4 February 2018 | kaptenvideo-89875
Musical movie, where West meets India. How origi(yawn)...
A musical about westerner discovering the joys of life in India, what a great idea, eh? Who thinks of such an original thing?
A promising young scientist (Alison Brie) is plucked out of the company lab and sent to India to sell the genetically modified rice she created - which she doesn't realize will destroy the farmers she thinks she's helping.
Also starring, Saahil Sehgal, Utkarsh Ambudkar, Scott Bakula, Donald Sutherland, Tyne Daly et al.
I don't dig musicals, so if you kinda like them, you can stop reading this and just assume that "Basmati Blues" has enough good **** to warrant at least one viewing.
Still here? Good, because my rant is only starting.
Honestly, why are the musical movies so popular? Many of them are so conventional that the cliches and generic approaches could strangle us if they had hands.
And don't even get me started on the acting and quality of storytelling - compared to the "usual" movies, they seem just artificial, or stupid at worst.
The only exceptions that I know of seen are HBO's series "Flight of the Conchords" and, maybe, "South Park: Bigger, Longer and Uncut" and "Team America". Many would not even call them musicals.
One could argue that there's some freshness to be found in "Basmati Blues" because although it is a musical movie AND takes place in India, they have not maybe used all the most common cliches that immediately spring to mind. There are even some scenes that felt original and unexpected, including "violence is
There's a chance that you can't predict every single event and turn that the story offers. Sadly it still does not save the result of being lazily written and lacking in charm or authentic humour overall.
I know your next question. Why did I watch it in the first place, if I find musicals boring? Well, it happens to star Alison Brie who's one of the best young-ish actresses around, and I was intrigued by the idea of watching her sing and dance or something.
She can certainly sing, and has memorised the dance moves adequately if not captivatingly, but I am sad to conclude that this must be her weakest performance on screen that I know of. And I've seen almost all of her movies since the breakthrough role in "United States of Tara" series.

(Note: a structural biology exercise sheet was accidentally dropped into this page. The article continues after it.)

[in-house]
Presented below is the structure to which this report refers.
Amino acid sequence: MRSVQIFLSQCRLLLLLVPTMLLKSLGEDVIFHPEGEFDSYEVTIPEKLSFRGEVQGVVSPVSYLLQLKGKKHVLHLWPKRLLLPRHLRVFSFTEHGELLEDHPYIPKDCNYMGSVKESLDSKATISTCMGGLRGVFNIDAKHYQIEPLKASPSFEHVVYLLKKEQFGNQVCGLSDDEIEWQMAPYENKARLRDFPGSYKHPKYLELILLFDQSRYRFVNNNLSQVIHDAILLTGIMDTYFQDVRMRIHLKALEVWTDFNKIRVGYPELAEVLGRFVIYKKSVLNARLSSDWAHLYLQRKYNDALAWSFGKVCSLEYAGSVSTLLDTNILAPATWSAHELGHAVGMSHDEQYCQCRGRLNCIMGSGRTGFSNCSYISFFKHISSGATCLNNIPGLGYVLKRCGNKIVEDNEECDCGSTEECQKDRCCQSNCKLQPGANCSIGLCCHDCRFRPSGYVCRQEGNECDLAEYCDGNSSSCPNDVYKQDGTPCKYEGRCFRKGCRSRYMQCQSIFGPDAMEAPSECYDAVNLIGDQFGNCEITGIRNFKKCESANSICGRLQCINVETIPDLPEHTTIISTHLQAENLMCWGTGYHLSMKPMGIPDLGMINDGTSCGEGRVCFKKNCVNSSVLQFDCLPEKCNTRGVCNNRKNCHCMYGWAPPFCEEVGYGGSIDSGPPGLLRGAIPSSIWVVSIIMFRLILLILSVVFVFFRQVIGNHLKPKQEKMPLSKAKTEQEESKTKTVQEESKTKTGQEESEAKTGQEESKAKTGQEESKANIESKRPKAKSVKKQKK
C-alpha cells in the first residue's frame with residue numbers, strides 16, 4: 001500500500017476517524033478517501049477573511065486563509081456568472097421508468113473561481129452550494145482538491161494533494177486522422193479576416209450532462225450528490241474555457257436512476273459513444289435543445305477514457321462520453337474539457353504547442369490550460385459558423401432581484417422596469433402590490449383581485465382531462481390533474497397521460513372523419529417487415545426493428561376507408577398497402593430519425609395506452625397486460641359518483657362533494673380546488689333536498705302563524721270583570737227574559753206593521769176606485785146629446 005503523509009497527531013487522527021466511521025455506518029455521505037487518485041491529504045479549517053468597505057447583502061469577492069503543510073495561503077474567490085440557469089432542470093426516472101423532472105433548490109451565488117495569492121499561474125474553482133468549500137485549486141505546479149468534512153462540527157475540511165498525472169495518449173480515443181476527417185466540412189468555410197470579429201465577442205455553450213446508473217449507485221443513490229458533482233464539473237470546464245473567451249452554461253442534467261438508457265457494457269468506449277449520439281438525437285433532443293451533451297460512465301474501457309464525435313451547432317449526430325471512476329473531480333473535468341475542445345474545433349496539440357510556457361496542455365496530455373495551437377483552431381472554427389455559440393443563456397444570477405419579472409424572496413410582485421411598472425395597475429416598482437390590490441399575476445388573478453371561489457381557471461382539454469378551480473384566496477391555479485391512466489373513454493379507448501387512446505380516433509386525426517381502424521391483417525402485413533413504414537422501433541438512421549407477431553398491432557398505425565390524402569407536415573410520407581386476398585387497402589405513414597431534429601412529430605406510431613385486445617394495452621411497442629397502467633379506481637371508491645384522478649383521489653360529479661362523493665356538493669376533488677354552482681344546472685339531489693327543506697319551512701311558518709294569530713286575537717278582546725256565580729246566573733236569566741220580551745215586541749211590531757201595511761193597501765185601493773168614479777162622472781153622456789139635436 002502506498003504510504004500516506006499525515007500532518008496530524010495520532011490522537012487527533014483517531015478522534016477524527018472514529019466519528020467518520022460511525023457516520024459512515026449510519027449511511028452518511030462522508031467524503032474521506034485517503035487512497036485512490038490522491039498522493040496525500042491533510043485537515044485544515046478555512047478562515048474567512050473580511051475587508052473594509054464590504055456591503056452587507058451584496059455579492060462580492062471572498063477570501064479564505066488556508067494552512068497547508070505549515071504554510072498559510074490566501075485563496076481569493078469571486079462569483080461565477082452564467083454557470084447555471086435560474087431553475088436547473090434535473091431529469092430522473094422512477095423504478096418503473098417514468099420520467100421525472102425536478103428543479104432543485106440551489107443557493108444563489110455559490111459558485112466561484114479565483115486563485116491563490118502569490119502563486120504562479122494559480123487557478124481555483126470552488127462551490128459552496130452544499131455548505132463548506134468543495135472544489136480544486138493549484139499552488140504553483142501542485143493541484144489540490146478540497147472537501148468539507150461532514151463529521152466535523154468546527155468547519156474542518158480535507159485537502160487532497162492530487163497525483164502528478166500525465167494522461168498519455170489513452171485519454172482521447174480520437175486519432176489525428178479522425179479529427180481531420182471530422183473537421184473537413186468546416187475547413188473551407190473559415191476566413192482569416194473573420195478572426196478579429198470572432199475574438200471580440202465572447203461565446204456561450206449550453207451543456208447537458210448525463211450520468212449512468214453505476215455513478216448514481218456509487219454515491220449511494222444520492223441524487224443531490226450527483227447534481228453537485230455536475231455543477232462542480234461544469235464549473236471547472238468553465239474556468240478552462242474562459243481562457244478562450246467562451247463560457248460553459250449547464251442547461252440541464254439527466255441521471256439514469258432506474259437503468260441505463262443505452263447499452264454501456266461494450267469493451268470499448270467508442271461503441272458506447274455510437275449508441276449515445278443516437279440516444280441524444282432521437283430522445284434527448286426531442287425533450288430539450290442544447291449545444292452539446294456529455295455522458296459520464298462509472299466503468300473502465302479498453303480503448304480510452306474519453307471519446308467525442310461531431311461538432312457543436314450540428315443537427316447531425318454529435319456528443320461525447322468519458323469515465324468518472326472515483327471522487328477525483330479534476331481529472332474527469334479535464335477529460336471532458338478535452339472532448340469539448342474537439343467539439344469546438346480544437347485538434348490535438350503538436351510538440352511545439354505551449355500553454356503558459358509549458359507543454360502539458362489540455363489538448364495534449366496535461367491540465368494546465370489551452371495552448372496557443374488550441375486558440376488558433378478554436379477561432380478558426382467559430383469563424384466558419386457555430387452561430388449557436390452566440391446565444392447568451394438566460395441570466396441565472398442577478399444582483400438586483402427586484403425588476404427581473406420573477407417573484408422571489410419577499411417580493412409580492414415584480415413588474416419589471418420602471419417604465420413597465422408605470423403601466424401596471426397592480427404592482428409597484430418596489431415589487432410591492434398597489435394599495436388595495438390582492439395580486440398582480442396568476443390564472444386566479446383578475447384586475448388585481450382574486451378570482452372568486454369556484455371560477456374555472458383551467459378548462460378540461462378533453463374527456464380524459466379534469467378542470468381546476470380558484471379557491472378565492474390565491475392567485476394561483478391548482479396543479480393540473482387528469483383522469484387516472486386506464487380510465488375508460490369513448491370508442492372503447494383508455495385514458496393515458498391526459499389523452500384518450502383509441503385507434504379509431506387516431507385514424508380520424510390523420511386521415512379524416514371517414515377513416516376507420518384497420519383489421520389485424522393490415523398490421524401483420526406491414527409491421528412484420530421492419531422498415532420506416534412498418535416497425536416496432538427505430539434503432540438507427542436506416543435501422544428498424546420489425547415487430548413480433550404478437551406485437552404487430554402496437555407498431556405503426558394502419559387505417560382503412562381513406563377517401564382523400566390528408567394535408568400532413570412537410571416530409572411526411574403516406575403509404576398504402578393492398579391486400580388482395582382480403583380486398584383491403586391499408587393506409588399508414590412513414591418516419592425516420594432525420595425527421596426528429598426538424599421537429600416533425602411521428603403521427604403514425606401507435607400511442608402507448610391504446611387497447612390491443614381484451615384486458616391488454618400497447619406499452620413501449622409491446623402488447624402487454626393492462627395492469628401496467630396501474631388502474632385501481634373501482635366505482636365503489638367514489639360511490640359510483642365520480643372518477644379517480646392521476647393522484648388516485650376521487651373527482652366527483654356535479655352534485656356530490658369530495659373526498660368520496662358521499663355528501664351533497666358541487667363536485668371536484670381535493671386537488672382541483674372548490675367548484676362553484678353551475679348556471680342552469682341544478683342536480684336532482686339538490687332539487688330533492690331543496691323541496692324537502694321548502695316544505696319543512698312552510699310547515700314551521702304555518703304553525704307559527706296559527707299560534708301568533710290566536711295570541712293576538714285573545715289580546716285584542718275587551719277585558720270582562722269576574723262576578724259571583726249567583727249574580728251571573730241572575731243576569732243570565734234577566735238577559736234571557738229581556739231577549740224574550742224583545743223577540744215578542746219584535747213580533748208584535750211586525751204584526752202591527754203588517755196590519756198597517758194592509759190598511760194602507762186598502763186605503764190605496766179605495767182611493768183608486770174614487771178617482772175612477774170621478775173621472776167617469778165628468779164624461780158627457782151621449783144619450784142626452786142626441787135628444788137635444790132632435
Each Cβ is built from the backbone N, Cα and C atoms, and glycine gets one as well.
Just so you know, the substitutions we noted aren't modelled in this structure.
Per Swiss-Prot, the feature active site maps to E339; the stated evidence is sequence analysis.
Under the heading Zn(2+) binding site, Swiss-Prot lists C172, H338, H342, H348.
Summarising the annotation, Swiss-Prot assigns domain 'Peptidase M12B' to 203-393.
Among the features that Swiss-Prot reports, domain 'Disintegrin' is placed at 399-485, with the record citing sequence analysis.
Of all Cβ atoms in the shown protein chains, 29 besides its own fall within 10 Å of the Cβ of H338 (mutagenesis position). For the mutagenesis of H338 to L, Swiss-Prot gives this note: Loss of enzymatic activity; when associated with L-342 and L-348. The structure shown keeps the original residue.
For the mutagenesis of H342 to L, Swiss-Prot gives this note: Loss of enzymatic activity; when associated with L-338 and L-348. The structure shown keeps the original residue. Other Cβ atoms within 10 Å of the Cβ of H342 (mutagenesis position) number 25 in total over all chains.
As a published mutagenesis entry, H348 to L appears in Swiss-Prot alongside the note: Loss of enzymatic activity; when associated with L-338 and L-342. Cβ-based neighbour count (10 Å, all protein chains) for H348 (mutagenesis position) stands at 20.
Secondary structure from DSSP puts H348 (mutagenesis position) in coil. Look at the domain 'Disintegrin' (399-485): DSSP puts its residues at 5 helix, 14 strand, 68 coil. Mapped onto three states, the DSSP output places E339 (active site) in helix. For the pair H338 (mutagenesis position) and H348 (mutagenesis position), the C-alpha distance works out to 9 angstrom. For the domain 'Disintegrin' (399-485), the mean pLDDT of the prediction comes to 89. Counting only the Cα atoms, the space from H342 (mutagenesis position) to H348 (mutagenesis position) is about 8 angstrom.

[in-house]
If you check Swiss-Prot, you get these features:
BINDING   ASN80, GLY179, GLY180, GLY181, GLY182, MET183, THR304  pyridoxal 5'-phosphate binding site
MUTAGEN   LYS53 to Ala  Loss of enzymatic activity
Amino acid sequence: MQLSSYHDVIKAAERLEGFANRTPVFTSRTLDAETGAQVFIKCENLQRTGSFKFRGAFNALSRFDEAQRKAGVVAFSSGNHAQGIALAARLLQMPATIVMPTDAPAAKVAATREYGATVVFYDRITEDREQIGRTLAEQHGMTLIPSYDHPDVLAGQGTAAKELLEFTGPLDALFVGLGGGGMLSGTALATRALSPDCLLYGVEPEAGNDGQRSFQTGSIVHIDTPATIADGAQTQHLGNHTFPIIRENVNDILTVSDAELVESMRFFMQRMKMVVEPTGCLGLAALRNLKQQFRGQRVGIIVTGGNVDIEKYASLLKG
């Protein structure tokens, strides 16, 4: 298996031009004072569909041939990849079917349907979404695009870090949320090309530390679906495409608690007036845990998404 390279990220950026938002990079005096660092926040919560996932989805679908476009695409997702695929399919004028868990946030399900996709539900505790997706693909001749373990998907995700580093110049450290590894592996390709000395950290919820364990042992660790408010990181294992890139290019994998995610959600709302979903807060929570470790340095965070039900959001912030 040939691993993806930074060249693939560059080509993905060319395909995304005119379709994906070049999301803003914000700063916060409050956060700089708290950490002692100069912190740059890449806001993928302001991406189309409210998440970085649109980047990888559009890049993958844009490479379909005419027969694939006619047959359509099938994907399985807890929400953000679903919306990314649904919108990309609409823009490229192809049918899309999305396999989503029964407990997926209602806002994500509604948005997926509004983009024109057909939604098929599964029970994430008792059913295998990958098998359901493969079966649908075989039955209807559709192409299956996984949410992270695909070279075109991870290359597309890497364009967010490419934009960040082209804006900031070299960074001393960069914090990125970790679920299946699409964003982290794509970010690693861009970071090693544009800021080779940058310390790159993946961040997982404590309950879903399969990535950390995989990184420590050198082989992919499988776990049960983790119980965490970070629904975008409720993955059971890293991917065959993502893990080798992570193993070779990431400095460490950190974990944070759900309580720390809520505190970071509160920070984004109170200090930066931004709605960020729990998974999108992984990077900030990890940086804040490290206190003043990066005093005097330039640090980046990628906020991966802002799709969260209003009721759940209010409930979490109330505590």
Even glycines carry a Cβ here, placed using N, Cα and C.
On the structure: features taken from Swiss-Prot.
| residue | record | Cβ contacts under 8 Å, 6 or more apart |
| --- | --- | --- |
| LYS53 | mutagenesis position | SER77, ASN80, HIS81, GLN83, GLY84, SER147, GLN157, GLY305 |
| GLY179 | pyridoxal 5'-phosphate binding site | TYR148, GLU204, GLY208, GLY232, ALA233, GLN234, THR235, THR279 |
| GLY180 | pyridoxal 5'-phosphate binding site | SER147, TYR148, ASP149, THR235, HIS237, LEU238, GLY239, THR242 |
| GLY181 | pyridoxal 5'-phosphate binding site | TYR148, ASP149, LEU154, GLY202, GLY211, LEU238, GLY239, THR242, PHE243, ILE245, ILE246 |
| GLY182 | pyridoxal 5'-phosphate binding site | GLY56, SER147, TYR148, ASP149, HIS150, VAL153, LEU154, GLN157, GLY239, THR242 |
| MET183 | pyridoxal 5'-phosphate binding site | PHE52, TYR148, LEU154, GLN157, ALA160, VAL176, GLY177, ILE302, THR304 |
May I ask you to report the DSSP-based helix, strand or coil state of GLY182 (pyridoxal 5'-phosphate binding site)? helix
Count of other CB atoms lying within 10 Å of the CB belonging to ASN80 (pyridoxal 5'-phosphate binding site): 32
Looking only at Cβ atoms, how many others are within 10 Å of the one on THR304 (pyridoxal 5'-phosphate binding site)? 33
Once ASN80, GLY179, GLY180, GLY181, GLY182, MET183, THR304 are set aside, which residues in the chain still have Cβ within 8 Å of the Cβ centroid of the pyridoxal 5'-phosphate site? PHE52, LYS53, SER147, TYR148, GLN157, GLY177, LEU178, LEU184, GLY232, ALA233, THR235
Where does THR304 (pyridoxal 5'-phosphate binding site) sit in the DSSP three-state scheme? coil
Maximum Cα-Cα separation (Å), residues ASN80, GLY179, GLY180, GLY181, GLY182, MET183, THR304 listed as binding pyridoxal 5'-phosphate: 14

The problem is not only with her boring character - because let's face it, boring, one-note characters are gold standards in musical movies anyway.
It's that Larson is not really into the material, although it must have probably felt like a cool project and nice break from the usual.
But one can tell from the very first scene that she's not 'feeling' it, although she does her best to 'grow' into it, and the performance does get more relaxed and natural later.
Also, she tends to "act" too much at times, which I have never witnessed before, but let's be generous and assume that it's a stylistical choice because "Basmati Blues" is a conventional musical after all.
The last nail in the coffin is the lack of chemistry with Utkarsh Ambudkar playing Larson's character's love interest. There's some friendly energy going between them, but there's no way I'd buy something more happening between these two.
Also, the screenplay is remarkably lazy on explaining how the attraction starts and develops - weak even for a musical.
I hope that I will get to see Brie Larson in interesting projects again soon. She's gonna start appearing as Captain Marvel in superhero movies pretty soon, so there may be not much time for her to do something respecting her acting talent in the near future...
I also hope that Aziz Ansari's sometimes-near-genius Netflix series "Master of None" will have a slow but sure impact on wiping away the cliched approach that the mainstream western movies rely on portraying Indians. I mean, haven't we had enough of those, really?
"Basmati Blues" feels like an overlong, 106 minute mediocre sitcom pilot: it has some moments, but one can easily get by without it.